Thursday, December 16, 2010

What is Ghee?

That was my question the first time I saw it listed as a recipe ingredient.

Fortunately, there is a blog I love called The Nourishing Gourmet, and she not only helped me understand what ghee is, but she also helped me make some for myself.

Kimi explains that ghee is "basically butter that has been melted, the moisture evaporated, and the milk solids browned in the fat and strained out. This leaves pure butter fat or oil. It is the pure 'good stuff' in butter."

Look at that beautiful, pure, ghee goodness.

Okay, but why would you want to take the trouble to cook the milk solids out of butter?  Well, if you're not allergic to or intolerant of dairy, and you don't know anyone who is, then there is really no reason to.  You can stop reading now.  But if you or someone you love can't have milk, then this is going to forever change the way you cook.  You can use ghee exactly like you would use butter, because... well... it IS butter!  Kimi also points out that it has a much higher burning point than butter, so it is great for very high heat cooking.

Ghee is super simple to make, and Kimi gives great, simple, step-by-step instructions right here.  I have made it twice now from her instructions and it has turned out great both times.  One thing that she doesn't mention: possibly because it is winter and very cold in my house, my ghee had a tendency to very quickly cool off and get too thick to go through my coffee filter.  I found that I could put just a little bit in the filter at a time and leave the rest in the pot with the burner still on low.  That kept the rest of it warm enough to filter easily.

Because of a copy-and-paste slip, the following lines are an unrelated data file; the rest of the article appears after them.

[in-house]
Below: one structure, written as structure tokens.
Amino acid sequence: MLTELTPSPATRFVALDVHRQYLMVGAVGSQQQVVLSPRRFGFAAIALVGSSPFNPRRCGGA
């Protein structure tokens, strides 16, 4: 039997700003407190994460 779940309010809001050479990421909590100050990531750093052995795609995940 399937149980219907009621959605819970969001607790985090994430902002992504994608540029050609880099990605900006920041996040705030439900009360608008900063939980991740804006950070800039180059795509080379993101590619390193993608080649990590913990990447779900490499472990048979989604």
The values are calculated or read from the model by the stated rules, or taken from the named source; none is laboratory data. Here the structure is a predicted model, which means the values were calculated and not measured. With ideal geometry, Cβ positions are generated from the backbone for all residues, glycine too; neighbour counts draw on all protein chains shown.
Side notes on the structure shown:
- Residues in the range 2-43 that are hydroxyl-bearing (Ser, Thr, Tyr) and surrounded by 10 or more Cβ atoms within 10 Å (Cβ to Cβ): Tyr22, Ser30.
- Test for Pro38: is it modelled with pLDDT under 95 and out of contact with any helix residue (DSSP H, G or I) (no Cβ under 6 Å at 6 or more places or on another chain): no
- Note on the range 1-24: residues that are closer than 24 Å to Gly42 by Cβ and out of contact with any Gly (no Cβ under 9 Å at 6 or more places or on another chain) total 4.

I also wanted to add that each time I made ghee, I used four 500g blocks of butter (which are just a little bit bigger than an American stick of butter) and it made almost exactly 1 liter of ghee, which is perfect because that's what size my jars are.  That sounds like a lot of ghee, but I go through it fast!

So now that you know about ghee, go check out Kimi's instructions and get to making your first batch!


  1. I don't mean to rain on the parade but ghee is not considered a "safe" food for any dairy allergic person. The clarity of the end product is no indication as the whether or not any amount of the proteins has been left behind.

  2. Yeah, I've read that, too, but I'm extremely sensitive to any tiny amount of dairy in my food and I don't react at all to ghee. So I guess everyone should be cautious and test it for themselves. Thanks for the comment. :)